We have developed a very effective procedure to cool down the large LHFVF. First, the cryostat vacuum space is evacuated to below 10−3 Pa. The nitrogen and helium radiation shields are then cooled by introducing cryogenic liquids into the respective tanks. After that, cold helium vapor from a liquid helium storage dewar is forced to flow from the right stack through the flow pipe to the left stack with the filling valve open. This procedure efficiently pre-cools both stacks and the flow pipe due to the maximal usage of the vapor enthalpy. When the temperature of the stacks and the flow pipe drop to below 15 K, we start transferring liquid 4He into the right stack. After both stacks are fully filled, we then pump on the stacks to cool the liquid helium to a desired temperature by regulating the pressures in the stacks. We have successfully cooled down the LHFVF and achieved a helium temperature as low as 1.4 K using this procedure.
To generate flows in the pipe, we close the filling valve and then push the bellows pump by controlling the stepper motor using a LabVIEW computer program. This program sends commands to an indexer (6200 Parker Automation) that controls three key parameters of the bellows motion: the steady bellows velocity VB, its transient acceleration aB, and the total displacement Δh (which is always less than 9.4 cm). To test the actual performance of the bellows pump and the control system, we utilize a high-speed CCD camera (IDT XS-3) to take consecutive images of the linear actuator’s head. A ruler is placed nearby to provide length scale calibration, as shown in Fig. 6(a). The instantaneous velocity of the actuator (and hence the bellows) can be determined by analyzing the obtained images.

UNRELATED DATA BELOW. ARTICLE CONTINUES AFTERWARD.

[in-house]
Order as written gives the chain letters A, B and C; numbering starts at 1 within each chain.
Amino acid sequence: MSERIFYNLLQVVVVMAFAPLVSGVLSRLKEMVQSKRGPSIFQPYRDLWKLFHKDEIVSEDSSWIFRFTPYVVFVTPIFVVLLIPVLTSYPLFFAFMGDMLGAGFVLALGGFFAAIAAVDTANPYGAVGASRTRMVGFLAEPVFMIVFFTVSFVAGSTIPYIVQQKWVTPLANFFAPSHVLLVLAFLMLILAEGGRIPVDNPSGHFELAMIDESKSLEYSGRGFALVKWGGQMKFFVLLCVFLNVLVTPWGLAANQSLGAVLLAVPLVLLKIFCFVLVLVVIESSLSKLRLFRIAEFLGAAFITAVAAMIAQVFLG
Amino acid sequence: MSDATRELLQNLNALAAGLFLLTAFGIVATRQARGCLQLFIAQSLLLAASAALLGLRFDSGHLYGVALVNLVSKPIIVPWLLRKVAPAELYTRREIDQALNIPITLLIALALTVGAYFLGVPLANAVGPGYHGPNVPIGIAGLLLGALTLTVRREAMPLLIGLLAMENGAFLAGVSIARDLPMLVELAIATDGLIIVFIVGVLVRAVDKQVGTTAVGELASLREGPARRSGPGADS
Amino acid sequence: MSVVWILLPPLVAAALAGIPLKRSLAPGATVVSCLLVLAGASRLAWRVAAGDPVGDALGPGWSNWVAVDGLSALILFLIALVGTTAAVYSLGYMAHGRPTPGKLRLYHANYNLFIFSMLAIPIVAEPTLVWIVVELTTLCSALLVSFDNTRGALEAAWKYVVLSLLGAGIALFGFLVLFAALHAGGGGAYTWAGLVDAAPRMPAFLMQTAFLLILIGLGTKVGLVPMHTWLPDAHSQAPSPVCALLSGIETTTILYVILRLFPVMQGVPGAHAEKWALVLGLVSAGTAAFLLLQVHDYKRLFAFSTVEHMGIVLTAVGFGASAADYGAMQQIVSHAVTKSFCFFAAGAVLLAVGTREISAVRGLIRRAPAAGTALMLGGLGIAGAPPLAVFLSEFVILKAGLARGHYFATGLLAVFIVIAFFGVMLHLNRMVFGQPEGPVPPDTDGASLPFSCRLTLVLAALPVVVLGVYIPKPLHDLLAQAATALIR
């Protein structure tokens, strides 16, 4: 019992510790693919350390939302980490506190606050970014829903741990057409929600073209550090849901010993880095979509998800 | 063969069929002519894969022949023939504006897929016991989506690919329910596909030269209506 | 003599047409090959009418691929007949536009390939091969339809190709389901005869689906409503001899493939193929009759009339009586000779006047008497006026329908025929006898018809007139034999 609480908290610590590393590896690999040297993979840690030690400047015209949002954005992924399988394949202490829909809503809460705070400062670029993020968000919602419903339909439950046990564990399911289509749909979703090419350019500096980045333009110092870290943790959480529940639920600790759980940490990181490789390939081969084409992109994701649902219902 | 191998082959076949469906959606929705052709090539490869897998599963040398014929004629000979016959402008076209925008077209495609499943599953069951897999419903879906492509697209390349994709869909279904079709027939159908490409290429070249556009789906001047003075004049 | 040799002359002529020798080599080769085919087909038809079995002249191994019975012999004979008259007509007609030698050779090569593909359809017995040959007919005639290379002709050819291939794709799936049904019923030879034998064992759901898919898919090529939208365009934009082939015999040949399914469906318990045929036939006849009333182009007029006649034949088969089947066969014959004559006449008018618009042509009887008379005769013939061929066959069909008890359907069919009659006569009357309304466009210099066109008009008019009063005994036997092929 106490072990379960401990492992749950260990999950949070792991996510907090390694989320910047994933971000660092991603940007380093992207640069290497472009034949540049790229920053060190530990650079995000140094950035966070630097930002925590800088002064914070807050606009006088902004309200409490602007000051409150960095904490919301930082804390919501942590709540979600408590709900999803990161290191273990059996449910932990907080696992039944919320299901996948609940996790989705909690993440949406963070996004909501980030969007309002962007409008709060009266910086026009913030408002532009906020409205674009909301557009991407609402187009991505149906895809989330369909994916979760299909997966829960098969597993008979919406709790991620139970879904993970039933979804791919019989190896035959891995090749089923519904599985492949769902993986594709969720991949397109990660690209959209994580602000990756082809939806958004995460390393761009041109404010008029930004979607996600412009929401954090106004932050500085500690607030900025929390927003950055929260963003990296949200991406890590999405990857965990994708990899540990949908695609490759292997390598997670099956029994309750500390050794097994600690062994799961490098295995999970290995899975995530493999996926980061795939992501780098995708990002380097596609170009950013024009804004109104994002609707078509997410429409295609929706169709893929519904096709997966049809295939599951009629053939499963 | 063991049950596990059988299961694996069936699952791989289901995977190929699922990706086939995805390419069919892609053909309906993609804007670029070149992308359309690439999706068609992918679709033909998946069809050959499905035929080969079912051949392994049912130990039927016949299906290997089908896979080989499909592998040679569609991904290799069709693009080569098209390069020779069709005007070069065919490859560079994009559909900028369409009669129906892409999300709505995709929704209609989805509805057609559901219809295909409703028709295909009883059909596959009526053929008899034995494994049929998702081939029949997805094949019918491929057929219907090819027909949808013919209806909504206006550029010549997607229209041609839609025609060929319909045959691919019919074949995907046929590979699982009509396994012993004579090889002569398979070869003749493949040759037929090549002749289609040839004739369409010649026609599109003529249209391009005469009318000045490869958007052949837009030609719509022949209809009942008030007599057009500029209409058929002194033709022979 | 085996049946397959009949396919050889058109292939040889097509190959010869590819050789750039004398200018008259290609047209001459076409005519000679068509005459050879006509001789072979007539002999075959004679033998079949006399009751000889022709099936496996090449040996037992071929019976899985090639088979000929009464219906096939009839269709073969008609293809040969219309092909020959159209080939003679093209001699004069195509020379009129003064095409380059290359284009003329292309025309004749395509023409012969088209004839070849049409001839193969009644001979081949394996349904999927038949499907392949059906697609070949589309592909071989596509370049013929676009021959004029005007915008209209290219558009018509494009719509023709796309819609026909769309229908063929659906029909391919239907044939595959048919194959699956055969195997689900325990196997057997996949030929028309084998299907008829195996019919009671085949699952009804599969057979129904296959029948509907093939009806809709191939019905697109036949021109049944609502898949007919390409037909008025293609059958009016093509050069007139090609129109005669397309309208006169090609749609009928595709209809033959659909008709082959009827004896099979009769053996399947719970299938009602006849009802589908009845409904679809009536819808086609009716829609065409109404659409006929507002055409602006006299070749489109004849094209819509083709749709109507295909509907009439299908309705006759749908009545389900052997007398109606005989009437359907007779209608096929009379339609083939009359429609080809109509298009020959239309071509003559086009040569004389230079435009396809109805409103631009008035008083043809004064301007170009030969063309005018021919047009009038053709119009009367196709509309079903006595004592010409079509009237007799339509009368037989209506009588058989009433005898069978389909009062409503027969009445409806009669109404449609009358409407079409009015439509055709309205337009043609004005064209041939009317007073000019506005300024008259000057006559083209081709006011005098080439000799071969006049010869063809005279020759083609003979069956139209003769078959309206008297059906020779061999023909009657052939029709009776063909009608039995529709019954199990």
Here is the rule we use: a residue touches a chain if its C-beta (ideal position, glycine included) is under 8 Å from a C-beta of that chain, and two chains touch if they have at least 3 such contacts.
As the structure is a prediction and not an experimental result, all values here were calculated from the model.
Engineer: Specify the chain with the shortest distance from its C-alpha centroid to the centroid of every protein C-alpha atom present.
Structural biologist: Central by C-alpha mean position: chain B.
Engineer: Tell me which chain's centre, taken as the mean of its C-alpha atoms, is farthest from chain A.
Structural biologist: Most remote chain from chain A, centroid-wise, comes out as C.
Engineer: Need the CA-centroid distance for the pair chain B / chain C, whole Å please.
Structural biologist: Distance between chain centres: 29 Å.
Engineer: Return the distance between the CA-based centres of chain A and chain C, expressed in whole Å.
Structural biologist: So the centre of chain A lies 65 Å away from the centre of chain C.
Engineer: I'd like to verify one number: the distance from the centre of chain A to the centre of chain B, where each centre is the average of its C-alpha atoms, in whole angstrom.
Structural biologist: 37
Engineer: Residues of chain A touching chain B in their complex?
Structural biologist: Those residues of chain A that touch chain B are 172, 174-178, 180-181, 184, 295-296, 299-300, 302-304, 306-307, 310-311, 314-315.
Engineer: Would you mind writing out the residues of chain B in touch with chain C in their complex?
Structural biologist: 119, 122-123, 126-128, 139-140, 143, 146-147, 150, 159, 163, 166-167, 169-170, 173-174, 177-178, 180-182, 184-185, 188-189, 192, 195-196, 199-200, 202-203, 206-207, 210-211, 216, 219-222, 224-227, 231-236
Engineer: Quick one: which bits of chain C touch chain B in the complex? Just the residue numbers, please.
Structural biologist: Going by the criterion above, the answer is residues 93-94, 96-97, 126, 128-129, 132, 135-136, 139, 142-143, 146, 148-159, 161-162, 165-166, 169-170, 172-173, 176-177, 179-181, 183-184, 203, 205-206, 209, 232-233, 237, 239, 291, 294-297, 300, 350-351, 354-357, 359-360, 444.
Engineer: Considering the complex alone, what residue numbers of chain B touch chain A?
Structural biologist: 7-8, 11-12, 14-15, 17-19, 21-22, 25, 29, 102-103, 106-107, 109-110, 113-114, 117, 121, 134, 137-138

Test runs with VB in the range of 0.02–12.7 cm/s have been conducted, while the stacks and the flow pipe are filled with He II at 1.8 K. The total displacement is set to Δh = 7.6 cm, and the acceleration up to aB = 127 cm/s2 is used. Representative velocity curves are shown in Fig. 6(b). All cases show good agreement between the actual steady velocity and the programmed velocity between the transient acceleration and deceleration regions. Note that the ratio of cross-sectional areas between the bellows pump and the flow pipe is about 45.3. Therefore, the bellows velocities that we have tested correspond to mean flow velocities of He II in the flow pipe as ∈ [0.01, 5.75] m/s. Using the known properties of He II,2 we calculate that the pipe flow Reynolds number ReD is in the range of 2.2 × 104 to 1.3 × 107. Due to the finite stroke length, there is a limited time window ΔtW for flow measurements (i.e., approximated Δh/VB when aB is high). Nevertheless, even at the highest velocity that we have tested, ΔtW is still long enough for the development of the turbulent flow and for us to make quantitative velocity field and pressure drop measurements.
B. DL-MTV system testing
Upon the completion of the DL-MTV optical setup, we have carefully tuned the entire laser and imaging system and conducted tests to ensure that the DL-MTV scheme is indeed achieved. These tests include the alignment and overlapping of the fs-laser and imaging laser beams, visual examination of their beam profiles, and Rayleigh-range measurement of the fs-beams for controlling the thicknesses and lengths of the tracer lines. After that, the optical setup is tested for producing and for position-control of the tracer lines in the flow pipe filled with liquid helium.